Canada's privacy commissioner, fresh off forcing Facebook to change how it handles users' data, is ordering Bell Canada to change how it informs internet customers of its network-management practices.
In a report dated Aug. 13 and made public on Friday, assistant privacy commissioner Elizabeth Denham told the company it must change its service agreements and the Frequently Asked Questions section of its website to notify customers that it collects and retains their personal information through use of its deep-packet inspection technology.
The commissioner found that Bell's DPI, which among other things is used to identify peer-to-peer file-sharing so that it can be slowed down, tracks a person's IP address — a numeric code that identifies a specific computer on a network. Users' IP addresses typically change each time they log onto the internet, but as is common practice among service providers, Bell ties the codes to subscribers' user identifications.
Denham considers this combination to be personal information that belongs to customers, which is protected under privacy laws.
"Given that Bell can link its Sympatico subscribers, by virtue of their subscriber ID, with internet activities (in this case, type of application being used) associated with their assigned IP addresses, in my view, IP addresses in this context are personal information," she wrote.
The report said the privacy commissioner's office will follow up with Bell within 30 days to see if the company has complied with its requests.
A spokesman for Bell said the company will comply. "We were waiting for their finding to add an FAQ [regarding] use of DPI on [the] Bell.ca privacy page but needed to know what language to use," he said.
The report was in response to a complaint by the Canadian Internet Policy and Public Interest Clinic, based at the University of Ottawa. The privacy commissioner rejected CIPPIC's two other complaints about Bell's DPI, that the company was collecting personal information about customers without their consent and that it is gathering more information than needed to manage its network.
Denham said the service agreements customers sign constitute their consent. She also said she had not found any evidence that Bell was using DPI to look at users' internet traffic for purposes such as advertising or boosting its own services.
"I am unconvinced that, at date of issue of this report, Bell is collecting or using any personal information of individuals other than the IP addresses and subscriber IDs of Sympatico customers when it uses its DPI technology for the purpose of network traffic management," she wrote.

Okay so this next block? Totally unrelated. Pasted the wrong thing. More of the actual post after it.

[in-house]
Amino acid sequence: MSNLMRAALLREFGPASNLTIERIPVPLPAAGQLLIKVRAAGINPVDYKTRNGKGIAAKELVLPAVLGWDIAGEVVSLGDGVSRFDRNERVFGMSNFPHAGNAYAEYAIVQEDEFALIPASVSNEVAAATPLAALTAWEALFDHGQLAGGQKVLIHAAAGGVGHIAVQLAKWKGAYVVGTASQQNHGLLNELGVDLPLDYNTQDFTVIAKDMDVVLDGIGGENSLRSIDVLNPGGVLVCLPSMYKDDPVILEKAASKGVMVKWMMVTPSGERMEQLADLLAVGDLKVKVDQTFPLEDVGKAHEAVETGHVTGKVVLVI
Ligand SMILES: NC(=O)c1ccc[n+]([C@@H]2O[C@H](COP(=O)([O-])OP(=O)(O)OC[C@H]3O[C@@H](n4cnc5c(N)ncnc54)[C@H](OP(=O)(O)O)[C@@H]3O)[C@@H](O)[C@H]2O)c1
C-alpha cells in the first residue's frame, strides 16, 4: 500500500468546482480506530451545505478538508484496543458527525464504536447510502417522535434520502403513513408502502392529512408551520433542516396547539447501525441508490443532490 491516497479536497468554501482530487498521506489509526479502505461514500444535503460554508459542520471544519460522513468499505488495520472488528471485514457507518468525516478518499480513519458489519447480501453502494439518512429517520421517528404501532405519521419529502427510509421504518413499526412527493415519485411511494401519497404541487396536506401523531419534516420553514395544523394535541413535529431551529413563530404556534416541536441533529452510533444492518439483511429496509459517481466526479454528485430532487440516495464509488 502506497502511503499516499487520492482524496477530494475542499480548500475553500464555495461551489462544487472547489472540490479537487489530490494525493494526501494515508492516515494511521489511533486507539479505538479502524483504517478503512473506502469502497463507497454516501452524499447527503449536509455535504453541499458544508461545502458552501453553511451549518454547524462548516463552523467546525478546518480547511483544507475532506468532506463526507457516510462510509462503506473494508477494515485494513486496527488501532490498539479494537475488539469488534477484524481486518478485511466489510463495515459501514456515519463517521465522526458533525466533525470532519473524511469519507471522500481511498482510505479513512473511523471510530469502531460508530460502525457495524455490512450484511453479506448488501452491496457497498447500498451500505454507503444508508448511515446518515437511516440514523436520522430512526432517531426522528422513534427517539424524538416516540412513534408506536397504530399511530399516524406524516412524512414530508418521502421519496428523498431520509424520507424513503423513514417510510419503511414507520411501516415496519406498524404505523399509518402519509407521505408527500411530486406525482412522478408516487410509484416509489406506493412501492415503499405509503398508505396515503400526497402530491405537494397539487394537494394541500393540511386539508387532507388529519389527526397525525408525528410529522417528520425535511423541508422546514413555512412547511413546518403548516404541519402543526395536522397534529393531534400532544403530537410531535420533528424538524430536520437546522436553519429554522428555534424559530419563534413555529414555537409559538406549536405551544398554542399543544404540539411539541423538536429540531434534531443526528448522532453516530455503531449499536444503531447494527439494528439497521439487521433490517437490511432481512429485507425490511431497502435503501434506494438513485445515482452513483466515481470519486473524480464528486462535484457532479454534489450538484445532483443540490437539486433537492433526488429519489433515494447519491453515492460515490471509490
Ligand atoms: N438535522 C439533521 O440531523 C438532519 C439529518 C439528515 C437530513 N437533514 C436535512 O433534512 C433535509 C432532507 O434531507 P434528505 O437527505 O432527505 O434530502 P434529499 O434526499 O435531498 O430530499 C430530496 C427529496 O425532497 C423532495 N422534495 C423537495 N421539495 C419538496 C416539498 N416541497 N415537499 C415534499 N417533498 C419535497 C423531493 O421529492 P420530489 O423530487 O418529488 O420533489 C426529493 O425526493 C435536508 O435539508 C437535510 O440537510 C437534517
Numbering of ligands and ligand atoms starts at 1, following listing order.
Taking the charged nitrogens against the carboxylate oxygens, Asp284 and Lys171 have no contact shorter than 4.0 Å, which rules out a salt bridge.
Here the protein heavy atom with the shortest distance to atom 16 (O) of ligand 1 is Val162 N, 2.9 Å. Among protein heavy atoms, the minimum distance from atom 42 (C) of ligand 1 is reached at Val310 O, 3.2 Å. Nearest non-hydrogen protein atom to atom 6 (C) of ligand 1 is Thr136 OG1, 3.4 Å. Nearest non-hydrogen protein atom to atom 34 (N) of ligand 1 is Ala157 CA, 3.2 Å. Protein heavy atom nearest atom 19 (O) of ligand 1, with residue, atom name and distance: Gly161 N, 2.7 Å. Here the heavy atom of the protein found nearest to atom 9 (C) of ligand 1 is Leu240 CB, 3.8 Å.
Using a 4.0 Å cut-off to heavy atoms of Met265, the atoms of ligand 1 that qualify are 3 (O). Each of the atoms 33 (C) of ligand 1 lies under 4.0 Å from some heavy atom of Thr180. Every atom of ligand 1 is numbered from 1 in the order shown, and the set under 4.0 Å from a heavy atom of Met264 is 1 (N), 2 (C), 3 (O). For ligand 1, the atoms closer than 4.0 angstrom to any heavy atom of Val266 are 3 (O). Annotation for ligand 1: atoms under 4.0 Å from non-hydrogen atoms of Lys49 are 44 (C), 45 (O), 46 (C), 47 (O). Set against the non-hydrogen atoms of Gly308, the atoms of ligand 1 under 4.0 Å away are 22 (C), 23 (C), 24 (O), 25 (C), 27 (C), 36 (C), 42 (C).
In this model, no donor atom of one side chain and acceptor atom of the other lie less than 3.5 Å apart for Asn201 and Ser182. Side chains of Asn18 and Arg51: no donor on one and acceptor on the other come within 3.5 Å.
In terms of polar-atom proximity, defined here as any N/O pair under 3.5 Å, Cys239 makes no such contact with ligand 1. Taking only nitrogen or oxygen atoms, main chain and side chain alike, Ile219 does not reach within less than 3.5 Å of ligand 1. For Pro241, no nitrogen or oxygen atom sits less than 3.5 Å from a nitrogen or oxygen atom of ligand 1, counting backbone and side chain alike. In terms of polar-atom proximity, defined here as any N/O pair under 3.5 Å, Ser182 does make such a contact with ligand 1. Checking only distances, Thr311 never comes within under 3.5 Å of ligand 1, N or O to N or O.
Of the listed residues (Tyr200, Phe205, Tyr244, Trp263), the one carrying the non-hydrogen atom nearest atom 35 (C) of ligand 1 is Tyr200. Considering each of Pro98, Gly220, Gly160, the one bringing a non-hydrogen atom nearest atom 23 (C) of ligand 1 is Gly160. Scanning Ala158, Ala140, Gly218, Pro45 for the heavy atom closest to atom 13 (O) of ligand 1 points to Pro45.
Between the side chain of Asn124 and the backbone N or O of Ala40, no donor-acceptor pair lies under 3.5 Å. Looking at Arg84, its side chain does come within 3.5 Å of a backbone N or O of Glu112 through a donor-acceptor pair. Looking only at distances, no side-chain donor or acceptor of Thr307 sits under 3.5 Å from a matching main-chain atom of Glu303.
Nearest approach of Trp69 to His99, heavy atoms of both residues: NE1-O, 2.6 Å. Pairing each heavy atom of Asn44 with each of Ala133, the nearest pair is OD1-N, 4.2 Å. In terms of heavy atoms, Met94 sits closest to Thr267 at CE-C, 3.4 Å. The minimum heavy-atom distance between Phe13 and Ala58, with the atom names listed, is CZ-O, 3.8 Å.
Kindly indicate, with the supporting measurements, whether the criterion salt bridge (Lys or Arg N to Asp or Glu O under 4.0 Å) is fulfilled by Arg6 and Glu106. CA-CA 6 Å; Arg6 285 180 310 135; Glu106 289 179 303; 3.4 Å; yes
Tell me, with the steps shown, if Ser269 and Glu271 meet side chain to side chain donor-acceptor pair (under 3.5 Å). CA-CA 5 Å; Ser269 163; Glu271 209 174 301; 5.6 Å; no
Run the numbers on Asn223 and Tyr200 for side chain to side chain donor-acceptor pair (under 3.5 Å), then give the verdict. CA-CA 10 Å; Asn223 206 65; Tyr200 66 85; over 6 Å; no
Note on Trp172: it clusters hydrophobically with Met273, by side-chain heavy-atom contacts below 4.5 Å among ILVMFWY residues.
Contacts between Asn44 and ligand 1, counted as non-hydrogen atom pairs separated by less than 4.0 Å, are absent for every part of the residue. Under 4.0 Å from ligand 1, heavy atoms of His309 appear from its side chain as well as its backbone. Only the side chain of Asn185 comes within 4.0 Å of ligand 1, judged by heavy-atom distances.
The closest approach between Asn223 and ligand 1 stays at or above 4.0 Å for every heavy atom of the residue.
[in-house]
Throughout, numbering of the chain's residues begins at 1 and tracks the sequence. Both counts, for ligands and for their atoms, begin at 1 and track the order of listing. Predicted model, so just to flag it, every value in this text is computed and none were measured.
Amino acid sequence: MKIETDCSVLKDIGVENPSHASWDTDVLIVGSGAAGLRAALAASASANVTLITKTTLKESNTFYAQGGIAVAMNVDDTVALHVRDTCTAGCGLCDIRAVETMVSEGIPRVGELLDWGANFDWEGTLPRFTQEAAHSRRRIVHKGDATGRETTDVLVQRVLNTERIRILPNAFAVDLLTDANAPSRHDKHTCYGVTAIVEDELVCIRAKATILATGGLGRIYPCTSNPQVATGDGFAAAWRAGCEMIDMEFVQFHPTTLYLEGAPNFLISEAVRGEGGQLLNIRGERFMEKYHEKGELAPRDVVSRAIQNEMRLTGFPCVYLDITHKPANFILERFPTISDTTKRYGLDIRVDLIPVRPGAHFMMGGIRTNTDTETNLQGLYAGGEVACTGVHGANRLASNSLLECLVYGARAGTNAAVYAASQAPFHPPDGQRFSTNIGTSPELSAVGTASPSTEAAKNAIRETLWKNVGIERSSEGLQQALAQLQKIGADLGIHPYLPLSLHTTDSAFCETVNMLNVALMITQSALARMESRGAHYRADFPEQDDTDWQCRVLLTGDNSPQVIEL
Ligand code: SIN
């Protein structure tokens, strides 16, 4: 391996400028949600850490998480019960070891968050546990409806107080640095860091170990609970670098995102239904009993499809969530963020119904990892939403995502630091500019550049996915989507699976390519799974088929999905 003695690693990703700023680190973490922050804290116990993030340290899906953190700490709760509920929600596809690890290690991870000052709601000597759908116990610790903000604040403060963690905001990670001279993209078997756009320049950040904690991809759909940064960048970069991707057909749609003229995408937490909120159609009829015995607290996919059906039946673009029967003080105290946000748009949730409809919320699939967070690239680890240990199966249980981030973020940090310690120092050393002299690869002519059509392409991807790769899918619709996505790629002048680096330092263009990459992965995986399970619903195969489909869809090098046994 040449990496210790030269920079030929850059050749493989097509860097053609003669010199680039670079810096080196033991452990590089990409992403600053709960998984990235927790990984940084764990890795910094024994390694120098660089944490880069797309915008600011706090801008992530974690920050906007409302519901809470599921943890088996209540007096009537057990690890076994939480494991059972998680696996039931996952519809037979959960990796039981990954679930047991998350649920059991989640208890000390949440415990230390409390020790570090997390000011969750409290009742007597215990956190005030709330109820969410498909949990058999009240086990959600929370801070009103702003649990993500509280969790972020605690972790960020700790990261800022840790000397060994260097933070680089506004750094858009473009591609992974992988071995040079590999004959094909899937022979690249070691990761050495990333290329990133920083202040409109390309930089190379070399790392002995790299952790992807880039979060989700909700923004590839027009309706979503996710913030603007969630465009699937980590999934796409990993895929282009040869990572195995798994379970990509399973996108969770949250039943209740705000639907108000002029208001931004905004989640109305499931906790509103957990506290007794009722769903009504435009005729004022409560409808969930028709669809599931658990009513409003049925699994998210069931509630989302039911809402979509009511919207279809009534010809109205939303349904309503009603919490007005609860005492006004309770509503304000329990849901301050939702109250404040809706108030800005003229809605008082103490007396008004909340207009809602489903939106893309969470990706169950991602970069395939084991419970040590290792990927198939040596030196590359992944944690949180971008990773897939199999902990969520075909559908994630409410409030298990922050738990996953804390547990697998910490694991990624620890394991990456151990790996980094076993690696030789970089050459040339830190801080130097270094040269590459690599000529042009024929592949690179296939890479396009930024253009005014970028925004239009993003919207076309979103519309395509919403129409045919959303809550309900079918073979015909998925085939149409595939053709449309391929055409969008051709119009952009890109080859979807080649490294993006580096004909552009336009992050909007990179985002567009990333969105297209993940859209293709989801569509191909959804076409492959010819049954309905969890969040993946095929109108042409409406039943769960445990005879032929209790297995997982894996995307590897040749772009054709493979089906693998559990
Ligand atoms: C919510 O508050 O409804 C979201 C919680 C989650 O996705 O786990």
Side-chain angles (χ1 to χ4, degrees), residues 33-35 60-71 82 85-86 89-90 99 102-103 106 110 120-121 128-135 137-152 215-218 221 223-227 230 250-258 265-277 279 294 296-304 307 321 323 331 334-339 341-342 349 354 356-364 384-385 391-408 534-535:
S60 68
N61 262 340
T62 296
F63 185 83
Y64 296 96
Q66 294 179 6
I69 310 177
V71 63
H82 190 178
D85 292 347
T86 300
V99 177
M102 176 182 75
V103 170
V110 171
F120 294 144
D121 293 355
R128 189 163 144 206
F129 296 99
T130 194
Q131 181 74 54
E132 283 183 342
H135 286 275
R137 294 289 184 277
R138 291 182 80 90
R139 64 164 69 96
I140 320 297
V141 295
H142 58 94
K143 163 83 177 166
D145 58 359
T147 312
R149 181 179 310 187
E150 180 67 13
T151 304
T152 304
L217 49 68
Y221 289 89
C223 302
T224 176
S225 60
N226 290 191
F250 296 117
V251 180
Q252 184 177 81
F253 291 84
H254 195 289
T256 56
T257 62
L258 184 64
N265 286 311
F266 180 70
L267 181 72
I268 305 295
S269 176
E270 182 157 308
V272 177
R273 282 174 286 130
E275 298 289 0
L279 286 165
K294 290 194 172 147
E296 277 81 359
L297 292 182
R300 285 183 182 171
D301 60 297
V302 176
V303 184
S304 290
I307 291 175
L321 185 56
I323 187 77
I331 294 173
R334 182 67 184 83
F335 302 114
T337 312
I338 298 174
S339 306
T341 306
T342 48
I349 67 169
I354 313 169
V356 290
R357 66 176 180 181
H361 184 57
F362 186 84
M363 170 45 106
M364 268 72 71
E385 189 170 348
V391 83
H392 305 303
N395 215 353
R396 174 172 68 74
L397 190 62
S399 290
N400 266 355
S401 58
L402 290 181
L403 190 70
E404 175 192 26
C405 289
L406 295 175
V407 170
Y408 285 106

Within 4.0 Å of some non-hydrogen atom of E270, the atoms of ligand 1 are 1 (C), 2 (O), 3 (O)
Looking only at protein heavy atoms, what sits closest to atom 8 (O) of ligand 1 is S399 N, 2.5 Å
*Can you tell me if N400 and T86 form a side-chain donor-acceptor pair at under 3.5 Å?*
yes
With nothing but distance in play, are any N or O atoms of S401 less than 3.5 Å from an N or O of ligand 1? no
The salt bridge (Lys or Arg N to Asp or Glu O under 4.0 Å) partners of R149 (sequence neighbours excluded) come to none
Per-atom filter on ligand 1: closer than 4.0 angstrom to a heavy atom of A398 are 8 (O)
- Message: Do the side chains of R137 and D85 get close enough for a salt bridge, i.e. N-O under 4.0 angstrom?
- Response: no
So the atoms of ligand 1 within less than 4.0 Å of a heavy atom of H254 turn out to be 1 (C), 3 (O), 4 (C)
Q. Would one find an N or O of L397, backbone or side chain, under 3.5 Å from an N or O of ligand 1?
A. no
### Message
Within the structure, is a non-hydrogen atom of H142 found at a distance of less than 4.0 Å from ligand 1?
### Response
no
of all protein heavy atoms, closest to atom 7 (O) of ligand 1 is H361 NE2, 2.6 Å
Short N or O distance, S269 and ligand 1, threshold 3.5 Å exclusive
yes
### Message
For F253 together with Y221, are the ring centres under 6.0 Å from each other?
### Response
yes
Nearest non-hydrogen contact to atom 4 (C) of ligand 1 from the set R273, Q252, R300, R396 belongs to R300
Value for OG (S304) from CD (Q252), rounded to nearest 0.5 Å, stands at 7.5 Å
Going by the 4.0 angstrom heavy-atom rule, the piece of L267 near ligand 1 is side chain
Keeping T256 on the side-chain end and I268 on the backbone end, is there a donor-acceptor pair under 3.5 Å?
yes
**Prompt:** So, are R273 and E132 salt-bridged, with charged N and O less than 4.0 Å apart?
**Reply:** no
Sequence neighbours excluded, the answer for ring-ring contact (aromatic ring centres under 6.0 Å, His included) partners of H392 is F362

CRTC mulling network-management rules
The Canadian Radio-television and Telecommunications Commission is currently pondering whether it should impose new regulations on how internet providers can manage their networks, with a decision due this year. The CRTC last year allowed Bell to continue slowing down peer-to-peer usage by its wholesale customers, who were represented by the Canadian Association of Internet Providers.
Mirko Bibic, head of regulatory affairs for Bell, welcomed the privacy commissioner's findings.
"We're pleased with the outcome as Bell takes privacy issues very seriously, and that includes respecting all privacy laws in our use of DPI," he said in a statement. "Hopefully with this decision, the network management proceeding, and the dismissal of CAIP's complaint last year all behind us, we can keep the focus where it belongs — on delivering exemplary service to all our customers."
The commissioner's findings were made public by telecommunications consultant Mark Goldberg on his blog. On Twitter, Goldberg said the commission "approves Bell's use of DPI."
A spokesperson for the commissioner, however, said the office was certainly not approving DPI.
"It would not be accurate to suggest, in reading the finding, that we are endorsing DPI," she said.
In the report, Denham reiterated her concerns about the technology.
"I am aware that DPI platforms have the capability to allow an organization to view information of a potentially very sensitive nature — for potentially different purposes and if the organization were to apply the proper configurations," she wrote.
"Bell has stated that the DPI platform it uses has this capability, but that it is currently not using it for this purpose. It has also assured this office that any added purpose for which it currently uses PI would respect the company's privacy obligations... its own privacy policies an applicable customer agreements."
Tamir Israel, a spokesman for CIPPIC, said the group was still working with the commissioner's office to have some of its complaints addressed.
The privacy commissioner on Thursday announced that Facebook will be complying with a number of its requests to strengthen users' privacy and control over their personal information on the social-networking website.